Great Barrier Reef coral die-off reaches tragic, new record

Bleaching caused by warmer water is estimated to have killed about 67 percent of the coral in a previously pristine, 430-mile northern stretch of the reef.

Dan Peled, AAP Image via AP
Australian senator Pauline Hanson listens to marine scientist Alison Jones, left, as she displays a piece of coral on the Great Barrier Reef off Great Keppel Island, Queensland, Australia. Australian scientists say warming oceans year 2016 have caused the biggest die-off of corals ever recorded on Australia's Great Barrier Reef.

Rising water temperatures destroyed large swathes of the Great Barrier Reef in Australia this year, marking the largest annual die-off in history, according to a new study.

The Great Barrier Reef stretches along Australia’s coastline for more than 1,400 miles, making it the most extensive reef in the world and the largest ecosystem made entirely of living organisms on the planet. Researchers at the ARC Centre of Excellence for Coral Reef Studies found that around 67 percent of corals in the reef’s hardest-hit northern section died, while only 6 percent or less suffered in the central and southern sections.

Still, experts warn that recovery on the reefs and protecting other segments could prove difficult, if not impossible, should climate change continue to cause water temperatures to rise.   

"We had bleaching here in 2002," Anne Hogget, a local researcher, told the BBC. "We thought this was bad at the time, but this has blown it completely out of the water."

The reef suffered from coral bleaching, a process in which hotter temperatures cause the coral to become distressed and dispel algae living on them, which creates the vibrant colors seen on the reef. In addition to drawing tourists from around the world, the reef also provides a habitat for underwater organisms and protects the shoreline from storms.

Because around 25 percent of the ocean's fish live in a coral reef during some stage of their lives, a declining reef habitat can cause major disruptions to the ecosystem and food chain, also impacting people who rely the sea for food and employment. "Coral reefs are therefore the most biologically diverse ecosystems of the planet, and provide a number of ecosystem services that hundreds of millions of people rely on," Greg Torda, of the Centre, told USA Today. "These include provisioning (fishing, other types of harvesting, for pharmaceuticals, for example), coastal protection, aesthetic and cultural values – to name a few. If corals are lost, so are all the services they provide to humans; and so are all the species that directly or indirectly rely on them."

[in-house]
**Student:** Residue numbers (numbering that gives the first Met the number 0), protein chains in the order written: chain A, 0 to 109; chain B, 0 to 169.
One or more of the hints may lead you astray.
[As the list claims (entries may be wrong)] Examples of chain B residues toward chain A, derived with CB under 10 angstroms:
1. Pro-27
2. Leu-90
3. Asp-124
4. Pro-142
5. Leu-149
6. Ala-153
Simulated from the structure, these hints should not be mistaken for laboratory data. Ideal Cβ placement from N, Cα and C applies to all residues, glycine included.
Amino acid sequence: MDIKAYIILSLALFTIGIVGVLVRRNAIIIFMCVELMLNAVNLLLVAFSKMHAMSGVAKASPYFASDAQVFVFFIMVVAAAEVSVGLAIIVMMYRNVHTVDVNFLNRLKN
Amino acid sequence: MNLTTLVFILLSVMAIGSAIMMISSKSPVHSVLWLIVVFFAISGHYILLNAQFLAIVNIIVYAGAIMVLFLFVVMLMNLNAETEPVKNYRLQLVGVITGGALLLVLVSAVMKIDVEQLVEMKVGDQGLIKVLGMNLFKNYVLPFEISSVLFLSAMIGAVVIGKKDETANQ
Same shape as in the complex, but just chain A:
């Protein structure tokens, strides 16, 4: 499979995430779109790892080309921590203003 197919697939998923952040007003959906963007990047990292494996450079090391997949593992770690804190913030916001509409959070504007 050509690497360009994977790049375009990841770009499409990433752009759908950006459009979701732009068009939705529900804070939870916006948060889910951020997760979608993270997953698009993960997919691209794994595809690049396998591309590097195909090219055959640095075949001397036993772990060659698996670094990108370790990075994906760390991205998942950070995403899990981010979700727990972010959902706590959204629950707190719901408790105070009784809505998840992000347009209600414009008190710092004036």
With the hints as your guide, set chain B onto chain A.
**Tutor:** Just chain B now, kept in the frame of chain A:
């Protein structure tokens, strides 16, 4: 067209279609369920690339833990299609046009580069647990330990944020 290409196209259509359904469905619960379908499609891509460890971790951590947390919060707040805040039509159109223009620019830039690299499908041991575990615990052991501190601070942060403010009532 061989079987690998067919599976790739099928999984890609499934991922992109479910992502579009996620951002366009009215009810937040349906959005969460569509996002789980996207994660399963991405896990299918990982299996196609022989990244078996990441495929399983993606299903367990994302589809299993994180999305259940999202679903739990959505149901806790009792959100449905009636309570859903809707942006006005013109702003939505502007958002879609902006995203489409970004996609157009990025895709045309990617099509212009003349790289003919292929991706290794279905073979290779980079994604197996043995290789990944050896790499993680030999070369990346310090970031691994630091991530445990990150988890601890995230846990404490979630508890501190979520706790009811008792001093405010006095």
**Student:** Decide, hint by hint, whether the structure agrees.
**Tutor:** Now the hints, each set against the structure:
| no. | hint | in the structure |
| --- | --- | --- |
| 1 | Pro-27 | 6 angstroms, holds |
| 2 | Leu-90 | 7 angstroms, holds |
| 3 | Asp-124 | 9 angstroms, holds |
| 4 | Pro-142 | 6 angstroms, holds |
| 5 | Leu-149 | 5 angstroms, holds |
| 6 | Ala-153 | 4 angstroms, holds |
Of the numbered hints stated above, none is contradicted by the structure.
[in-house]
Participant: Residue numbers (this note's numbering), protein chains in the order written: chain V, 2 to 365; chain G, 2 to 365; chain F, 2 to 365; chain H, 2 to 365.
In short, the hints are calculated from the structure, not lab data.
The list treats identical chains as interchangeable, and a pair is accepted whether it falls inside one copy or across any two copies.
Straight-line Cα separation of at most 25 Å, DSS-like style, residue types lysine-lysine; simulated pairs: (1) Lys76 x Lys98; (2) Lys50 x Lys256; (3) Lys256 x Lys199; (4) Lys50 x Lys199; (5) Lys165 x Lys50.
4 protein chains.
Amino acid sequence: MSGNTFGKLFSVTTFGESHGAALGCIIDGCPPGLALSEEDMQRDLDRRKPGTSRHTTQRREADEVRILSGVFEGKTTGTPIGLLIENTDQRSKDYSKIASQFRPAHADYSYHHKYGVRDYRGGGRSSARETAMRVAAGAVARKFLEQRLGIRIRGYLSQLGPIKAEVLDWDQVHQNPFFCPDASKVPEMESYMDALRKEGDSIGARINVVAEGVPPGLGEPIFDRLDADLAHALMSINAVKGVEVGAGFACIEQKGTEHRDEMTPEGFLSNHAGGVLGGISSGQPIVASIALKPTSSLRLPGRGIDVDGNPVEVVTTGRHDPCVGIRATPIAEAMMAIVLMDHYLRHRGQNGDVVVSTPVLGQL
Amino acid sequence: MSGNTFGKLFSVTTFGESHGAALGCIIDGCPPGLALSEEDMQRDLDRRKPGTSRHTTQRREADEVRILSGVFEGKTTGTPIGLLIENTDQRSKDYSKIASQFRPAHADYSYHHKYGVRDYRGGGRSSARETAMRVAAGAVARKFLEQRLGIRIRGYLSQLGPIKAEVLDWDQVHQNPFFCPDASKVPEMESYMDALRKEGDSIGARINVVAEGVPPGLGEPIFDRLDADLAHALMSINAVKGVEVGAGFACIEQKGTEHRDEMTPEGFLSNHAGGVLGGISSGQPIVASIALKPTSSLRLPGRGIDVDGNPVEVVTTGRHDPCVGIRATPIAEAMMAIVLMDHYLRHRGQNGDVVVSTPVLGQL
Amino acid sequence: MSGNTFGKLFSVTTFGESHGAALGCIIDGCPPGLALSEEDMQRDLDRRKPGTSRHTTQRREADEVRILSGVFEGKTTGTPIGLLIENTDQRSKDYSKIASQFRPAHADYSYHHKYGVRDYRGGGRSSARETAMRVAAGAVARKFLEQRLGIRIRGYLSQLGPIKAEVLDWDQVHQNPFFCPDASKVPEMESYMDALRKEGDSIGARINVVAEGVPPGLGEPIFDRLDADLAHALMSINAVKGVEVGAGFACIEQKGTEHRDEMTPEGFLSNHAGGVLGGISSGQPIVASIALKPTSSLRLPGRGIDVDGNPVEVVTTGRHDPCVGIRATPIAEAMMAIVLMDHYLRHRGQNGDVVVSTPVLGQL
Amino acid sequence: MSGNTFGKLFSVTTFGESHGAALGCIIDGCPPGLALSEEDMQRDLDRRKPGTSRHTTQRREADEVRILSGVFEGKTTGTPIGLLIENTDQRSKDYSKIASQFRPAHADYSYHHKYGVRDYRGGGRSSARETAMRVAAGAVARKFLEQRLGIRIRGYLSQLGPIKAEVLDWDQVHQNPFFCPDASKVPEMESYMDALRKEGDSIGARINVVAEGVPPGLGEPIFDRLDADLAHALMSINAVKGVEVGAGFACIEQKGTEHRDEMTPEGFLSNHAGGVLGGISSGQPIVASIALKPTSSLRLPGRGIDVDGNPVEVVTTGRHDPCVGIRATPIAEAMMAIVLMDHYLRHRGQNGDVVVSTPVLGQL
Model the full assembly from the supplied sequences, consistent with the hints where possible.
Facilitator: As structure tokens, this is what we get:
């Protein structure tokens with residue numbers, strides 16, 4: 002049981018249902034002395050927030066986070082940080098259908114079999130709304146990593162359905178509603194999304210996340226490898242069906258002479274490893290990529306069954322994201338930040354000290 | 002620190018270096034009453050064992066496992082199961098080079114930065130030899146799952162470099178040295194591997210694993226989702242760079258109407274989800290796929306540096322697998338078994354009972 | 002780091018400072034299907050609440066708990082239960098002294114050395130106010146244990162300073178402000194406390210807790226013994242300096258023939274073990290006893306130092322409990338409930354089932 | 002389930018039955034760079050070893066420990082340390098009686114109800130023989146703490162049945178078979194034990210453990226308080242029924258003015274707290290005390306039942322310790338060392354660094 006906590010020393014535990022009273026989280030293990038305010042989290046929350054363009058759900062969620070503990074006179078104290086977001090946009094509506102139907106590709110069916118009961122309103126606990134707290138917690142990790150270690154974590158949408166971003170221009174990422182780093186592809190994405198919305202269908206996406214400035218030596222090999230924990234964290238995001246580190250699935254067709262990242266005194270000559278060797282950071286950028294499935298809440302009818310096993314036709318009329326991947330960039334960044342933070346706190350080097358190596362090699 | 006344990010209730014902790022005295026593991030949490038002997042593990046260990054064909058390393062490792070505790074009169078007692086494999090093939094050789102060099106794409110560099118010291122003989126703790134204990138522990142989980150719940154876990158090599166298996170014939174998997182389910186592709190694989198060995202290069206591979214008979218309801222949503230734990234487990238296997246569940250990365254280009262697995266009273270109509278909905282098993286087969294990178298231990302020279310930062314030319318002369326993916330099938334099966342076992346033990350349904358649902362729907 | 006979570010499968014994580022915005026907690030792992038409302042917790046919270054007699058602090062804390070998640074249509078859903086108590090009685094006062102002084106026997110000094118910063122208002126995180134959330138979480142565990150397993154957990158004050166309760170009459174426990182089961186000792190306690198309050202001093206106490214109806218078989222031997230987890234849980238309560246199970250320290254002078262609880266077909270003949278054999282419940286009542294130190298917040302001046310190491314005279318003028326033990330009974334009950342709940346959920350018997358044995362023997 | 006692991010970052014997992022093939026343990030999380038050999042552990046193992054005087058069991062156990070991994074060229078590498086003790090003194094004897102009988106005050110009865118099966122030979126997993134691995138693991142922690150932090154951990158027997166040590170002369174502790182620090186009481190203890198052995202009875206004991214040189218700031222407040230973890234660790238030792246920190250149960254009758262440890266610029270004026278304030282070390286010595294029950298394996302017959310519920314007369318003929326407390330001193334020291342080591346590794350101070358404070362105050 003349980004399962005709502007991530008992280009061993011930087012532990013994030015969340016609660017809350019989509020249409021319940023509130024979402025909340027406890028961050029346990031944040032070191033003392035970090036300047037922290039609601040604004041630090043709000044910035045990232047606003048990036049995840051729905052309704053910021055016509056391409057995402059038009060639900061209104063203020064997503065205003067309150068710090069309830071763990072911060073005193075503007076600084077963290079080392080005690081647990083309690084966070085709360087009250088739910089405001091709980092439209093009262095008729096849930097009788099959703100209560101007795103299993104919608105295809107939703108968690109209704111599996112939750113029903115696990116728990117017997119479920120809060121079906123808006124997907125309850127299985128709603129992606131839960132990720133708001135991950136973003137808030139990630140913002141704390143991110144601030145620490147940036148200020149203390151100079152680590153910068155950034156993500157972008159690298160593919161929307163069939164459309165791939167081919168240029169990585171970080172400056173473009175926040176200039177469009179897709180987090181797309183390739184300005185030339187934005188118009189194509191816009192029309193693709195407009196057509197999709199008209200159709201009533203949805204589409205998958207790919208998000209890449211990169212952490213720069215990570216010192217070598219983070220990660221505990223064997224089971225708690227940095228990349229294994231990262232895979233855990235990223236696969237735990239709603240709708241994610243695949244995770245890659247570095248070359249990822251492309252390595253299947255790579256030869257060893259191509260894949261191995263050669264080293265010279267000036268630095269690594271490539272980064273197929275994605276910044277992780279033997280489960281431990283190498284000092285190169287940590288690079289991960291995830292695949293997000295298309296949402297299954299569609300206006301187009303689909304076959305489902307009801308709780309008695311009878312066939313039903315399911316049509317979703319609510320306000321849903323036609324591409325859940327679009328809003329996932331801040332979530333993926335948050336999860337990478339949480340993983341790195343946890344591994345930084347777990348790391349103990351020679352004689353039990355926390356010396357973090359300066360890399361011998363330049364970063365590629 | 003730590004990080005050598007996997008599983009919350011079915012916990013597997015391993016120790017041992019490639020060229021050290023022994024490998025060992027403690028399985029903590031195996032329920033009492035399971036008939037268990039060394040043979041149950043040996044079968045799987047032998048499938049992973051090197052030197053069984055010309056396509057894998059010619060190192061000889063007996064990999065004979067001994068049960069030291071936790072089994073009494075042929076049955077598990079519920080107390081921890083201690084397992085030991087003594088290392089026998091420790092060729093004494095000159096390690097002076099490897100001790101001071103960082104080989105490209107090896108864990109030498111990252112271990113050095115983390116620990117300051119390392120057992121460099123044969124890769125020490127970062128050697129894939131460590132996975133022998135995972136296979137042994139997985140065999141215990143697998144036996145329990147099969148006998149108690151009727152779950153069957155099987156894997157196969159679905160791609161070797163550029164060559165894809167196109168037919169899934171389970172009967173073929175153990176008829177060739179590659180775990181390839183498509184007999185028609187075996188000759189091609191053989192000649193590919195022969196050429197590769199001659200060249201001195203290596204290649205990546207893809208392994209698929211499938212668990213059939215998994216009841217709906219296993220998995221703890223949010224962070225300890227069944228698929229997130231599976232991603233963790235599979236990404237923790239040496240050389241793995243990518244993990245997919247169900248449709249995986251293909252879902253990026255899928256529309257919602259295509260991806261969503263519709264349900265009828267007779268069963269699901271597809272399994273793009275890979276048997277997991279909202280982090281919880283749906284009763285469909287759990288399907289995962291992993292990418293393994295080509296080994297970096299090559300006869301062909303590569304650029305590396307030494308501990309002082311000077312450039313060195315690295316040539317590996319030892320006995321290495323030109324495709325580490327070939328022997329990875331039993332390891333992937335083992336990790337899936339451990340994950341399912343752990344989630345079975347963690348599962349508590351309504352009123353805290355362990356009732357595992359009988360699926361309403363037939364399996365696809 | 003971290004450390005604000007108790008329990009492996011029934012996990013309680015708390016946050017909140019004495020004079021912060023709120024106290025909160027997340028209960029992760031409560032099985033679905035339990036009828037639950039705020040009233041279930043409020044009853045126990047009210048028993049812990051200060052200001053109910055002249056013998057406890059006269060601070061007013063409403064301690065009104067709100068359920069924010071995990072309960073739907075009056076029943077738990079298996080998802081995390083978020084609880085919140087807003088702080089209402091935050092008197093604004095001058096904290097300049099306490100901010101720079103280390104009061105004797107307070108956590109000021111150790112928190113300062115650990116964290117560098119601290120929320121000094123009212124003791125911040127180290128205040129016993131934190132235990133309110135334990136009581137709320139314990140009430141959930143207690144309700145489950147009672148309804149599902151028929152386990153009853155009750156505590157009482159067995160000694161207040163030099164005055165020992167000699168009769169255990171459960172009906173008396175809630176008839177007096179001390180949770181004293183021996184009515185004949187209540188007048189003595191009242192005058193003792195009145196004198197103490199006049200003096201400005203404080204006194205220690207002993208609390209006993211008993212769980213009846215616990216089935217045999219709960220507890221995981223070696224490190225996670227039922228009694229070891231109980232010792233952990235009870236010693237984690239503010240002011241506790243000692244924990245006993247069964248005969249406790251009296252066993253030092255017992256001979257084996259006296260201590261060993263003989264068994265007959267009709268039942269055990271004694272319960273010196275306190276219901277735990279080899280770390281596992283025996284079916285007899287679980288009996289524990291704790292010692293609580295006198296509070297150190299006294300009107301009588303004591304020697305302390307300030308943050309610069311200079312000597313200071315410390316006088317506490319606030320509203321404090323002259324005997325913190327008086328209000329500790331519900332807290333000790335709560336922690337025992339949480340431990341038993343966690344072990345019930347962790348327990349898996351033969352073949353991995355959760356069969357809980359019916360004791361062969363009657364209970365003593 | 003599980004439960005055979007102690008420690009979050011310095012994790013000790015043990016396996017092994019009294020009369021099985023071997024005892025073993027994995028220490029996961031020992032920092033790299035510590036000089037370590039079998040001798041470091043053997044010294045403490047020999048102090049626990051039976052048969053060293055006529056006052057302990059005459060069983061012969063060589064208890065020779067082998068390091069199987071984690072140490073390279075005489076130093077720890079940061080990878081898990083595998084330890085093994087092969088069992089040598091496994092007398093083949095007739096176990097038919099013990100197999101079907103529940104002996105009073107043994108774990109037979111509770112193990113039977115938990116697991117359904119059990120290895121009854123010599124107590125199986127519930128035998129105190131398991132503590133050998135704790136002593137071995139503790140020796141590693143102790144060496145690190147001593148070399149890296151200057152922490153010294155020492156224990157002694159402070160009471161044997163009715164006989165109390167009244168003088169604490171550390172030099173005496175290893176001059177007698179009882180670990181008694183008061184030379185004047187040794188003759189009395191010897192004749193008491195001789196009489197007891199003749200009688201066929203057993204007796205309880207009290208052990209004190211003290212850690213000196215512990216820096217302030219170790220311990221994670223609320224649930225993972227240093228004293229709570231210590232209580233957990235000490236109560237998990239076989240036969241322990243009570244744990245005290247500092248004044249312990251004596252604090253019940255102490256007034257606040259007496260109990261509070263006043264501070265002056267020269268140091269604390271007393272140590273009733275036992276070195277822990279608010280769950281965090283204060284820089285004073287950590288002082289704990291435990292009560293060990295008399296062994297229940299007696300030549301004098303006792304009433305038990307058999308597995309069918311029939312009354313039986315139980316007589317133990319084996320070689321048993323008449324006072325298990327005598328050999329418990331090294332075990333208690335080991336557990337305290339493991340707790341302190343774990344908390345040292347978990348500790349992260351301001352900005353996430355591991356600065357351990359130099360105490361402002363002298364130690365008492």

Saving the reefs is likely to require officials to develop long-term sustainability plans, and the Australian government has already created a program to financially support research into the coral bleaching process. Canberra has also pledged to lower carbon emissions by 2050 and search for new ways to increase the reef’s resilience.

Still, say some climate experts, it’s important that researchers, officials, and civilians act now to prevent further damage, as procrastinating on the effort will only make the process more expensive and less effective.

Some Australian scientists say that the nation isn’t on track to meet its 2050 carbon emission goals. And researchers advocate other steps to protect the reefs such as reducing local water pollution, as Denmark and China have done, by altering land use for agriculture, which led to some local reef recovery.

Australia's reefs are "not going to disappear tomorrow, but the more we lose the harder it is to restore it," Chris Langdon, a marine biologist at the University of Miami, previously told The Christian Science Monitor. "Actions now will be less drastic than what could be required later."

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